Ruby L. Bailey, Detroit Free Press, Dec. 14, 2005
WASHINGTON — U.S. Rep. Candice Miller will tell anyone who will listen that Michigan is getting cheated because immigrant noncitizens are counted to determine how many members of Congress represent each state.
GOP leaders just wish she wouldn’t say it so loudly.
Today, in an effort to appease Republicans who are angry about what they call President George W. Bush’s lax immigration policy, the U.S. House will vote on a bill to toughen rules for detainment and expulsion of illegal immigrants. It would also increase the number of border patrol agents.
But Miller wants more.
She has collected 29 cosponsors for a bill to amend the Constitution so the number of U.S. citizens, instead of all people, would be used to determine the number of House members each state has after every census.
She says Michigan and eight other states lost one member of Congress after the 2000 census, while California picked up six seats, largely because noncitizens were included.
Michigan has been losing House seats for decades. In the 1970s, the state had 18 representatives. Today, it has 15.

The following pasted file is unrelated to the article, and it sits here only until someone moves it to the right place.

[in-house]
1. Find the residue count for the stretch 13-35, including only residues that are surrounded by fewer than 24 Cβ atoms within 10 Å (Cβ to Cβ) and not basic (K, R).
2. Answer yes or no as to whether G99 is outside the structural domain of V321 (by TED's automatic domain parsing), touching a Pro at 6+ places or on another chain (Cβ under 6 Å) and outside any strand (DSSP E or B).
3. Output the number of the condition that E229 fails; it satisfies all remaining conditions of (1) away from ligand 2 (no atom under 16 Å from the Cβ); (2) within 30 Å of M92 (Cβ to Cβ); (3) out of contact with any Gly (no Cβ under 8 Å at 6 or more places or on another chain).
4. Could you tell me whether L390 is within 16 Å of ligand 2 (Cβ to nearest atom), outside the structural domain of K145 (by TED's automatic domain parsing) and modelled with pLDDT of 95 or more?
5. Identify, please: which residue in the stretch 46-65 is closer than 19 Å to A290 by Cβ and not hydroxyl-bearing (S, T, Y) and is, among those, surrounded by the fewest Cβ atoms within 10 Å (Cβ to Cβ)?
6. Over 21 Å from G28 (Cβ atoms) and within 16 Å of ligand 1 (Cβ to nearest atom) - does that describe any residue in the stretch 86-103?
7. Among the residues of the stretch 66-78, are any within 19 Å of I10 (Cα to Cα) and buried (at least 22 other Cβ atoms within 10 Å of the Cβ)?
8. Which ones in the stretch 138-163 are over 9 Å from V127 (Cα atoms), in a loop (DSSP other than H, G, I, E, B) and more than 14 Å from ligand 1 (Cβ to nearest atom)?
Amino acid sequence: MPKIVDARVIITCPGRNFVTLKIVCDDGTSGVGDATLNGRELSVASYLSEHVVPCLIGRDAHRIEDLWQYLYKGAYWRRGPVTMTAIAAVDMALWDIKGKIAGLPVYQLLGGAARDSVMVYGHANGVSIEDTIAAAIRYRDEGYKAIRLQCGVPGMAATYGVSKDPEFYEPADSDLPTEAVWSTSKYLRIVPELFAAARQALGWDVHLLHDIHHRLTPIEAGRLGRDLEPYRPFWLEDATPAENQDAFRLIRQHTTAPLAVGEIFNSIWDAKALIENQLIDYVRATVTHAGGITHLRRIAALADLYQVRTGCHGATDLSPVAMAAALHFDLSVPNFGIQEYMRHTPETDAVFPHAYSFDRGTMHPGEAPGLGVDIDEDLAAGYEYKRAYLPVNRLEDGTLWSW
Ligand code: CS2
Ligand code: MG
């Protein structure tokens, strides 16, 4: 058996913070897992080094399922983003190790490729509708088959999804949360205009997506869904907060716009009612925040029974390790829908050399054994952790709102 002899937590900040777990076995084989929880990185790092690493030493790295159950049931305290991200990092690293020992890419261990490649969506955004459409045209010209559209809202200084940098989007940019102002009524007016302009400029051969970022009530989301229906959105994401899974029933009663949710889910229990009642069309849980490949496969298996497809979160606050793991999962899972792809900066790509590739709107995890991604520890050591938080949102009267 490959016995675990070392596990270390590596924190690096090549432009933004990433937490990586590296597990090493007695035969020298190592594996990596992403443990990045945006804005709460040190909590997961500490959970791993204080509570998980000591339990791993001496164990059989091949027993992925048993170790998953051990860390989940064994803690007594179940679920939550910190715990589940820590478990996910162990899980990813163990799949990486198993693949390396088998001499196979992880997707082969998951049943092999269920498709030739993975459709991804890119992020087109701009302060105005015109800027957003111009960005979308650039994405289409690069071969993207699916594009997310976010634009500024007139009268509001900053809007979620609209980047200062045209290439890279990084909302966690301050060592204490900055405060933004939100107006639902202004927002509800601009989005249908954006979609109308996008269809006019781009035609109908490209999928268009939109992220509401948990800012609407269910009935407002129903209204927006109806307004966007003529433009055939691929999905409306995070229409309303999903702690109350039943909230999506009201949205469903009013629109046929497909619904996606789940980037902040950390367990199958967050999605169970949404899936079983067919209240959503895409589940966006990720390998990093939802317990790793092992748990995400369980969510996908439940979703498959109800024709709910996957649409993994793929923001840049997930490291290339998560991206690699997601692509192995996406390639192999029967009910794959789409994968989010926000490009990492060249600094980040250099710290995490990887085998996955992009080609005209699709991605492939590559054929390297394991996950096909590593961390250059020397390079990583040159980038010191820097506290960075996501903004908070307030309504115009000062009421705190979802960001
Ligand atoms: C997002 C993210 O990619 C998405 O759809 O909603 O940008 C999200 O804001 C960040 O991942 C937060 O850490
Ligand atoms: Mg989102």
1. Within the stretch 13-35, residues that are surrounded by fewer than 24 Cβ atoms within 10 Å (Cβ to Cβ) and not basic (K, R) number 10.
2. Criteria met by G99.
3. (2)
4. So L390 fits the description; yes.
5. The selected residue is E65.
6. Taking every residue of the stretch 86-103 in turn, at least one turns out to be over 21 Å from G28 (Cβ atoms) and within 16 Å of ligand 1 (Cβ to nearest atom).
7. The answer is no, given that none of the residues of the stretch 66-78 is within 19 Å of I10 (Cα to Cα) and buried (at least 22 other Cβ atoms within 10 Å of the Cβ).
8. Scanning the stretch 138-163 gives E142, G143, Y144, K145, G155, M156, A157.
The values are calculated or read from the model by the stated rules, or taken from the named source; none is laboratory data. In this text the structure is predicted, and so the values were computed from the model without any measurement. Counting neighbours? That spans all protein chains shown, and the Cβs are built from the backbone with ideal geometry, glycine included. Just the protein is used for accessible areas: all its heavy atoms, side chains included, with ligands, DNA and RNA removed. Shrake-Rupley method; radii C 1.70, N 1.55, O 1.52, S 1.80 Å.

Republican leaders have urged caution in dealing with illegal immigration, mindful of a possible backlash among Hispanics in elections next year.
The battle over immigration could be risky for Miller, who quickly rose in the GOP House hierarchy after she was elected in 2002. Last year, she chaired Bush’s presidential campaign in Michigan. Many Republicans wanted her to run next year against either Sen. Debbie Stabenow or Gov. Jennifer Granholm.
“I don’t mind losing a seat because American citizens have moved somewhere,” said Miller, whose district includes the northern two-thirds of Macomb County and much of the Thumb. “But to lose a congressional seat because of illegal immigrants is outrageous.”
“I plan to press it,” Miller said of her amendment. “It’s the ultimate slap in the face that illegal immigrants have the same rights as a United States citizen.”